A similar sense of rejection must greet the continued claims by politicians and journalists that the occupation forces are winning in Afghanistan, even as British and US casualties mount.

Following the mass prison breakout in Kandahar last week, defence secretary Des Browne delivered this gem:

“The Taliban are losing in Afghanistan. I know it may not appear like that at the moment, but we are enjoying a degree of success.”


Socialists, anti-capitalists and those in the anti-war movement have to face a fundamental change in the political situation. But the enormity of what’s going on can seem to dwarf us, leading to a danger of passivity.

Economic crises lead people to question the capitalist system we live under. It can lead people to resist. Yet there are other forces looking to prosper from the situation.

For weeks the Daily Mail and Daily Express have carried front pages on price increases that could have been printed by Socialist Worker. But they were accompanied by a campaign blaming immigrants for our woes.

Further right the fascists of the BNP seize on false stories that expectant Polish mothers are blocking British mums from maternity beds. It is more likely that British babies are being delivered by Polish doctors or Nigerian midwives.

It is vital we follow last Saturday’s demonstration with a sustained drive to push the Nazis back into their sewer.

The lesson of the Stop the War Coalition is that the left can play a central role in initiating mass movements that pull in broad layers of society. The global “war on terror” continues to be a cancer at the heart of the system.

Yet while we continue to build opposition to the war, we must also look for other opportunities to spread resistance.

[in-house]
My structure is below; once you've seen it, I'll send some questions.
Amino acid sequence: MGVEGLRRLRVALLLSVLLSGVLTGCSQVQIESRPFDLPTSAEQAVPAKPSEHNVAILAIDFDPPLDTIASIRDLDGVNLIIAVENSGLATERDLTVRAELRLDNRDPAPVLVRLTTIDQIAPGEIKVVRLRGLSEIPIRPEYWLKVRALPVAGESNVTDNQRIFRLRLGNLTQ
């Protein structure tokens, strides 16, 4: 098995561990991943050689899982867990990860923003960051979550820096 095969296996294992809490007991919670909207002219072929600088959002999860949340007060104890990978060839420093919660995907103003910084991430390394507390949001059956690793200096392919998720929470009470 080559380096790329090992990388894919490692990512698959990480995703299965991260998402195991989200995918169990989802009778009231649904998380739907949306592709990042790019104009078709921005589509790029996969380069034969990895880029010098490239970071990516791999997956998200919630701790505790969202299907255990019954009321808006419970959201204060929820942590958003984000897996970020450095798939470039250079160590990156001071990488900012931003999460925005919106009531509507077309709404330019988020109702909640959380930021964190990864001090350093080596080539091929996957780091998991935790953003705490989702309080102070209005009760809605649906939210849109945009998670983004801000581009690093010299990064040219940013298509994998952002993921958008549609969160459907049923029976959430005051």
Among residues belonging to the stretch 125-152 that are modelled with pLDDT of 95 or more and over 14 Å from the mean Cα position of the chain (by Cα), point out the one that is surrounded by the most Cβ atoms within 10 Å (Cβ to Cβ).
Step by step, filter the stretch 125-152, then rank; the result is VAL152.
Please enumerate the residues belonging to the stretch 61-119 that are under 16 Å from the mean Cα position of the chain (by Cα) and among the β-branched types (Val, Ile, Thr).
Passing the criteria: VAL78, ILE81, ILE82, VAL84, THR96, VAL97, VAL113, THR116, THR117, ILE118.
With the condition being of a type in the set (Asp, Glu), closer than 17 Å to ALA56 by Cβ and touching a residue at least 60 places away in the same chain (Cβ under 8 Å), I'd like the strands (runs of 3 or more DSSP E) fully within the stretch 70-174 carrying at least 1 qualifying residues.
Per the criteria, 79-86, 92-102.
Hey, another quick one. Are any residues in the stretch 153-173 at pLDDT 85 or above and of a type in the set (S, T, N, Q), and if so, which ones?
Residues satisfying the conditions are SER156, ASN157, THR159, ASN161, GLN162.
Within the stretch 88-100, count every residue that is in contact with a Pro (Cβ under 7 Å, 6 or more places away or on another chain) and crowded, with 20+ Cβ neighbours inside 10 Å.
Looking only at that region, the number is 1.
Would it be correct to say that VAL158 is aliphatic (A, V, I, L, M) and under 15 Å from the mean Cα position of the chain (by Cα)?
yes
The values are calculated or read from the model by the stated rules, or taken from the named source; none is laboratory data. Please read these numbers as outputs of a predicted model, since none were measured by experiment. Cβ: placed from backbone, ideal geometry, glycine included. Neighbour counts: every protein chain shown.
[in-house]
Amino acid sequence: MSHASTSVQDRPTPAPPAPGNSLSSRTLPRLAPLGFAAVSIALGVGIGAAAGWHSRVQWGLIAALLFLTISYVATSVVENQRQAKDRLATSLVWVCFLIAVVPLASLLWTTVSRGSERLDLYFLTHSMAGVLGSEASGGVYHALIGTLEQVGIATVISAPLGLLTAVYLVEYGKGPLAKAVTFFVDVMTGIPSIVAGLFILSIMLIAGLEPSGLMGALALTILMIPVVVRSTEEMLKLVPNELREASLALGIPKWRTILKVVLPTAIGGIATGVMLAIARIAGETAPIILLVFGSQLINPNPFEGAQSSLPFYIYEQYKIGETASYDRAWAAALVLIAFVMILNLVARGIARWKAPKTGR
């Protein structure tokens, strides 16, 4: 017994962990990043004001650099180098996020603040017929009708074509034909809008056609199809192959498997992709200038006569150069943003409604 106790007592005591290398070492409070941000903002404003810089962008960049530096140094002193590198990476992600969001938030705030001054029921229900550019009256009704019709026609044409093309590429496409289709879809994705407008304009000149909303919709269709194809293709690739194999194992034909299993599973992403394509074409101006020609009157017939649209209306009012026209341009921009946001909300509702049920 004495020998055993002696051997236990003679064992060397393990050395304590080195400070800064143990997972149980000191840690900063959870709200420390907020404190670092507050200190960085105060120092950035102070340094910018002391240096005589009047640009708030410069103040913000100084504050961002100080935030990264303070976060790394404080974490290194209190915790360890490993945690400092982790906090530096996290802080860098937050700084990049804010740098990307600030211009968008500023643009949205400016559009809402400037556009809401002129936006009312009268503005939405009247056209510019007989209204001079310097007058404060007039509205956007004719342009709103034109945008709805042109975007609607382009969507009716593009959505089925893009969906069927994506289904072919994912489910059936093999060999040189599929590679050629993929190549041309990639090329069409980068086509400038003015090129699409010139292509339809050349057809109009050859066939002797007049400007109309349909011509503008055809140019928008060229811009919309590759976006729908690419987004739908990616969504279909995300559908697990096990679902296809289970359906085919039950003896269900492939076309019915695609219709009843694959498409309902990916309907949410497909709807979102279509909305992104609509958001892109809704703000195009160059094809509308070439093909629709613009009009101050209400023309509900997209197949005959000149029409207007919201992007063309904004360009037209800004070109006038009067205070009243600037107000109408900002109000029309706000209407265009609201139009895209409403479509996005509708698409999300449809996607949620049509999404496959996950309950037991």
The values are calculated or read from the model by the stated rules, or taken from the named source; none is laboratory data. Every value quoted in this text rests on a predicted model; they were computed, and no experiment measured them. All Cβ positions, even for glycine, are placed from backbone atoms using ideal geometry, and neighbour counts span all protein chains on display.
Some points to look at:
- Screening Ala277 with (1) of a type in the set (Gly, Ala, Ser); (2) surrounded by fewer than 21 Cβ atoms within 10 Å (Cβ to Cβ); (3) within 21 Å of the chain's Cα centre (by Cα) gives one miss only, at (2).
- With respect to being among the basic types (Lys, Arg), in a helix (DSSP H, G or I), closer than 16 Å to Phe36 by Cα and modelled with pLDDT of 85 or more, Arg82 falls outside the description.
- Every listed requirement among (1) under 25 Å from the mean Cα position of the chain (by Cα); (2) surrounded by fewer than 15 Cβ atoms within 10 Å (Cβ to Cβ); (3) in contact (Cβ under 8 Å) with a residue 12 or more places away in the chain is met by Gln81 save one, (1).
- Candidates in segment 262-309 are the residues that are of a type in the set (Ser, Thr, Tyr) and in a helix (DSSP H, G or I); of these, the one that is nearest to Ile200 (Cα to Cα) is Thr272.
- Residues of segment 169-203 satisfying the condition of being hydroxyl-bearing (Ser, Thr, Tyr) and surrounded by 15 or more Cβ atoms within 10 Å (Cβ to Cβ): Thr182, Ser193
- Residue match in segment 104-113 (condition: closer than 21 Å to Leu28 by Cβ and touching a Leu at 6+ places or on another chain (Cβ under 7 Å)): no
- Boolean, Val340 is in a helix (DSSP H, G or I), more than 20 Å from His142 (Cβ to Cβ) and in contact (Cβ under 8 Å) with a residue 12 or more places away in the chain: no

The 24 April strike is a harbinger of what might lie ahead on the pay front. Bus workers, London Underground workers and others must be looking at the Shell drivers’ success with relish.

Others, like health workers in the Unison union who accepted a below-inflation three-year pay deal, will become aware that they are going to suffer badly unless something is done.

Other issues can also lead to resistance suddenly surging up. We are seeing the return of bread riots around the world. Even in Britain the potential is there for anger over prices to reach breaking point.

Housing is the great issue rarely addressed in British politics. There has been a successful campaign to defend council housing, but now we are seeing evictions and flats built by speculators lying empty.

Young people are forced to stay with their parents and overcrowding blights the lives of young families. And this year will see the lowest numbers of houses built in Britain since 1945.

The job facing socialists is to act as detonators for mass resistance against the plans of our rulers.

We need to create a network of activists across Britain who can do that and explain to smaller numbers, in more in-depth discussion, what the alternative is to capitalism – socialism.

Those who have struck and marched represent a huge force that is capable of galvanising the majority of the British population for radical and ultimately revolutionary change.

That’s the possibility. But failure to address what is possible can lead to a high price being paid by us all.